Money, Currency, Payment Methods & ATM in Bali: The Guide

Alexis
Modified on February 1, 2024

Managing money, currencies, and payment methods in Bali can sometimes be a bit confusing, especially if you're from the West. Here's what you need to know to handle your money during your stay in Bali.

What currency is used in Bali?

In Bali, as in the rest of Indonesia, the currency used is the Indonesian Rupiah. It is denominated as "Rp" or "IDR," which means exactly the same thing.

Unlike euros, USD / Australian dollars, or pounds sterling, the Indonesian Rupiah has many zeros behind it. So, you are likely to become a millionaire, even having millions in cash in your wallet!

Indonesian Rupiah Coins and Banknotes Available in Indonesia

Due to their low monetary value, coins are rarely used in Indonesia. The largest coin is the 1,000 Rupiah, equivalent to 0.065 euros / USD. The smallest is the 100 Rupiah, equivalent to 0.0065 euros / USD.

So, unsurprisingly, you can't buy much with coins! Almost all cash transactions, therefore, go through banknotes.

Here are the Indonesian Rupiah banknotes from largest to smallest:

  • 100,000 Rupiah (6 - 7 euros / USD)
  • 50,000 Rupiah (3 - 3.5 euros / USD)
  • 20,000 Rupiah (1.3 euros / USD)
  • 10,000 Rupiah (0.65 euros / USD)
  • 5,000 Rupiah (0.35 euros / USD)
  • 2,000 Rupiah (0.12 euros / USD)
  • 1,000 Rupiah (0.065 euros / USD)
bank notes indonesian rupiah bali

Tips to Remember the Exchange Rate with Indonesian Rupiah

Generally, the exchange rate between the euro and the Indonesian Rupiah is around 15,000 Rupiah for 1 euro, and pretty much the same for USD.

So if you are from Europe or US, the simplest way to remember is to count in multiples of 15:

  • 15,000 IDR = 1 euro / USD
  • 30,000 IDR = 2 euros / USD
  • 150,000 IDR = 10 euros / USD
  • 300,000 IDR = 20 euros / USD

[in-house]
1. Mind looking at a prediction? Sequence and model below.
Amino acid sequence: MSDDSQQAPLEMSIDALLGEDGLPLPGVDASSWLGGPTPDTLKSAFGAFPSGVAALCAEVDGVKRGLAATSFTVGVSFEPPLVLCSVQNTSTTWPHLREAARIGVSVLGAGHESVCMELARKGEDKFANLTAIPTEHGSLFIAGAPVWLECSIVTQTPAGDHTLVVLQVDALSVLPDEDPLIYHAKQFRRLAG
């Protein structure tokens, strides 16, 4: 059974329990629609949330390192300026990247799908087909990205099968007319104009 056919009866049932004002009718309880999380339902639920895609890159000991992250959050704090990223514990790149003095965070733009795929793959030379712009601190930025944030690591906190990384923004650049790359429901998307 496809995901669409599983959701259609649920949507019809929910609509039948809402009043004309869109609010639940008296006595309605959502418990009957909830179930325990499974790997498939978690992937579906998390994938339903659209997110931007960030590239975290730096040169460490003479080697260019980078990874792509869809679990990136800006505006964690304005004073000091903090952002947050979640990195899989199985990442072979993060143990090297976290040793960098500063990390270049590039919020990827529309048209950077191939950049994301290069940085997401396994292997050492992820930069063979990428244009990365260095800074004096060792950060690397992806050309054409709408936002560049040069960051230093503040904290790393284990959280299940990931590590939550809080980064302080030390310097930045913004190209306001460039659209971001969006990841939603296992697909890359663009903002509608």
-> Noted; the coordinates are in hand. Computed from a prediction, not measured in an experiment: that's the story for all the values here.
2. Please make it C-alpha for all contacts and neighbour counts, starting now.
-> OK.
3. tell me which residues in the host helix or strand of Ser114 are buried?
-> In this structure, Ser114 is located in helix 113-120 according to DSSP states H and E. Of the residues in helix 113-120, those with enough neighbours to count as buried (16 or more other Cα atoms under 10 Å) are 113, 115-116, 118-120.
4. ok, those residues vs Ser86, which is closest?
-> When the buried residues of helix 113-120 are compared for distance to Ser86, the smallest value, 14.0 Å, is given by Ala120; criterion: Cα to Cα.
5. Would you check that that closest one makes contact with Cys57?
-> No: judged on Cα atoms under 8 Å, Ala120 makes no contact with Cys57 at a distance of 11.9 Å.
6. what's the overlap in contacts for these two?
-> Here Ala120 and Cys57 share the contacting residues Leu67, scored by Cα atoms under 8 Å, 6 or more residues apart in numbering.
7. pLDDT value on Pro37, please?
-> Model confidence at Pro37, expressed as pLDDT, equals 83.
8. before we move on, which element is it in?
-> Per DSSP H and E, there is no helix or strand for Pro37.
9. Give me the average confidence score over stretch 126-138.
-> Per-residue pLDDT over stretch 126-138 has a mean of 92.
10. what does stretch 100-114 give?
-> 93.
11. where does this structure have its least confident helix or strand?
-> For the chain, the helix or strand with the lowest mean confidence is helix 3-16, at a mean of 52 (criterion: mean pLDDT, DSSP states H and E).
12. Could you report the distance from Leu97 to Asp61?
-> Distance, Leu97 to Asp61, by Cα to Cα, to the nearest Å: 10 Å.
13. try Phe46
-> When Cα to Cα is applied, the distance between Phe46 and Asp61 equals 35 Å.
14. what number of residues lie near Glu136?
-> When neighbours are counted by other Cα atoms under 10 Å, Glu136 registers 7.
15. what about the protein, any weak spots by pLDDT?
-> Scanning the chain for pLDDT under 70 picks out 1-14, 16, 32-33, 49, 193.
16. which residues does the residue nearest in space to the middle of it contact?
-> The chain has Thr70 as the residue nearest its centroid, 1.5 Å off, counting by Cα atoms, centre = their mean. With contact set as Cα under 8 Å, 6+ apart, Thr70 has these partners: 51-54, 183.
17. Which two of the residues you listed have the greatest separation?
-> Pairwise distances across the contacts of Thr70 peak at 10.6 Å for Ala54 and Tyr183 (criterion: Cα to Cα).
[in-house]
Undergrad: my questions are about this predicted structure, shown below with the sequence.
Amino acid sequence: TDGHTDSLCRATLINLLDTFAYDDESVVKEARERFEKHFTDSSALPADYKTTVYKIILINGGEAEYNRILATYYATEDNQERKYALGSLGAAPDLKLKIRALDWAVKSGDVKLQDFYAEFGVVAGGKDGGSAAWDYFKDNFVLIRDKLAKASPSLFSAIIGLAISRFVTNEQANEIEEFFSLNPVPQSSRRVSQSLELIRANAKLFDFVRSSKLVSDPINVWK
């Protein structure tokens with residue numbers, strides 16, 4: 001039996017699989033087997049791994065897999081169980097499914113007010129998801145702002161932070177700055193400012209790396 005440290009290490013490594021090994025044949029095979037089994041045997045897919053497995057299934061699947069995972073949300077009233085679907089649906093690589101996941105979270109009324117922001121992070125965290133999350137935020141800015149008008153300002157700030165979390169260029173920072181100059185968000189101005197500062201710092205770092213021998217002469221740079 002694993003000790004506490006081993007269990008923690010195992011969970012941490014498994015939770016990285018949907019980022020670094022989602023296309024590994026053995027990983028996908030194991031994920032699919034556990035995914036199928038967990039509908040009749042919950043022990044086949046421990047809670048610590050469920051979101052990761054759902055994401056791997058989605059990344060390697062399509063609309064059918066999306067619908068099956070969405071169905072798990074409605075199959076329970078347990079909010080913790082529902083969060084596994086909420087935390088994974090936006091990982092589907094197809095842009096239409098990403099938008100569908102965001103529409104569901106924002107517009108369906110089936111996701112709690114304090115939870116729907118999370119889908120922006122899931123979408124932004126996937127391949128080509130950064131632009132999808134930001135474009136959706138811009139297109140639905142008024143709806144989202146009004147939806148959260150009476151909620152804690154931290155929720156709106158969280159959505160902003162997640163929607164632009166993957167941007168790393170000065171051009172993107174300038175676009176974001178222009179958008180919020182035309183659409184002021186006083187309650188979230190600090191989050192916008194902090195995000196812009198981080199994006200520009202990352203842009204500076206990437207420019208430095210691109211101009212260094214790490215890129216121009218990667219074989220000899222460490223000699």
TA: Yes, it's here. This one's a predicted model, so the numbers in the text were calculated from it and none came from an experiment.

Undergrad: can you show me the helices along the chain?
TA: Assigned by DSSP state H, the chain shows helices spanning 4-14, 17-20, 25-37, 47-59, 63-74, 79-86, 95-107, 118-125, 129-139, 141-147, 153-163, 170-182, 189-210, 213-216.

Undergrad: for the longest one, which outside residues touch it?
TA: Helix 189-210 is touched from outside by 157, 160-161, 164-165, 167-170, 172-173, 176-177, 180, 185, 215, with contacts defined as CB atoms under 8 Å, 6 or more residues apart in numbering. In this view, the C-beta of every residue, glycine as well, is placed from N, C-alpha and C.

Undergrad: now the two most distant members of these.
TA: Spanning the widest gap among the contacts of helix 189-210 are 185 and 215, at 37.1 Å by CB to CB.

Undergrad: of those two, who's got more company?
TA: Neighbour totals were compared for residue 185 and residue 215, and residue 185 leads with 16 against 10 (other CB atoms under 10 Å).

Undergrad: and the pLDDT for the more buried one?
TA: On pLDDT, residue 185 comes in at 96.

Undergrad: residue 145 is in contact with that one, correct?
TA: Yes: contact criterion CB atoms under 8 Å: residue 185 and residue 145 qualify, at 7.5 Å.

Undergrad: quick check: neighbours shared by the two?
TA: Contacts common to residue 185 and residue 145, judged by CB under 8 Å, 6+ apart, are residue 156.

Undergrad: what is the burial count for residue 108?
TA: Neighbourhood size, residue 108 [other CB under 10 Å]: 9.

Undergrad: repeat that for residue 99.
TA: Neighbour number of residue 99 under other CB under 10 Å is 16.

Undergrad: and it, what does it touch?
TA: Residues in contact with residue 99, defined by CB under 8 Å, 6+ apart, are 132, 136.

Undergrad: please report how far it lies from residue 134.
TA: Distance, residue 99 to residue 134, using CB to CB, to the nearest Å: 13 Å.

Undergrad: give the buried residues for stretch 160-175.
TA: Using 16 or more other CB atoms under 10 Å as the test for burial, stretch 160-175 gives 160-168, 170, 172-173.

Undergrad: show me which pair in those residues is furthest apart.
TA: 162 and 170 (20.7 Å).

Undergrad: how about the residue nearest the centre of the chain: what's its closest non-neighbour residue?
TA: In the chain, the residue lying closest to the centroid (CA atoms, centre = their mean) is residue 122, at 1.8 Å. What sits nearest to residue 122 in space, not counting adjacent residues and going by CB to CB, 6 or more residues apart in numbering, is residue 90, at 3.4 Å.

• 450,000 IDR = 30 euros / USD
  • 1,500,000 IDR = 100 euros / USD

If you are Australian or Singaporean, you are in luck, the calculation is a lot more straightforward as the rate is usually around 1 AUD / SGD = 10,000 IDR.

Which gives you a very intuitive way to remember:

  • 10,000 IDR = 1 AUD / SGD
  • 50,000 IDR = 5 AUD / SGD
  • 100,000 IDR = 10 AUD / SGD
  • 500,000 IDR = 50 AUD / SGD
  • 1,000,000 IDR = 100 AUD / SGD

Be cautious not to get lost in the zeros to avoid giving the wrong bill or being scammed!

Most Used Payment Methods in Bali

Several payment methods are possible in Bali, but not all are equally popular. Here are the main ones you can easily use.

Cash: A Widely Used Payment Method in Bali

Cash is still widely used in Bali, for almost everything. Keep in mind that a significant part of the Balinese and Indonesian economy is informal, so cash is often preferred.

Even for sums of several hundred euros, cash payments are still relatively common, although the trend is diminishing in favor of bank transfers.

Debit / Credit Cards: Available in Many Stores but Not Everywhere

Paying by credit or debit card is generally straightforward in Bali, especially if you stick to tourist areas and establishments.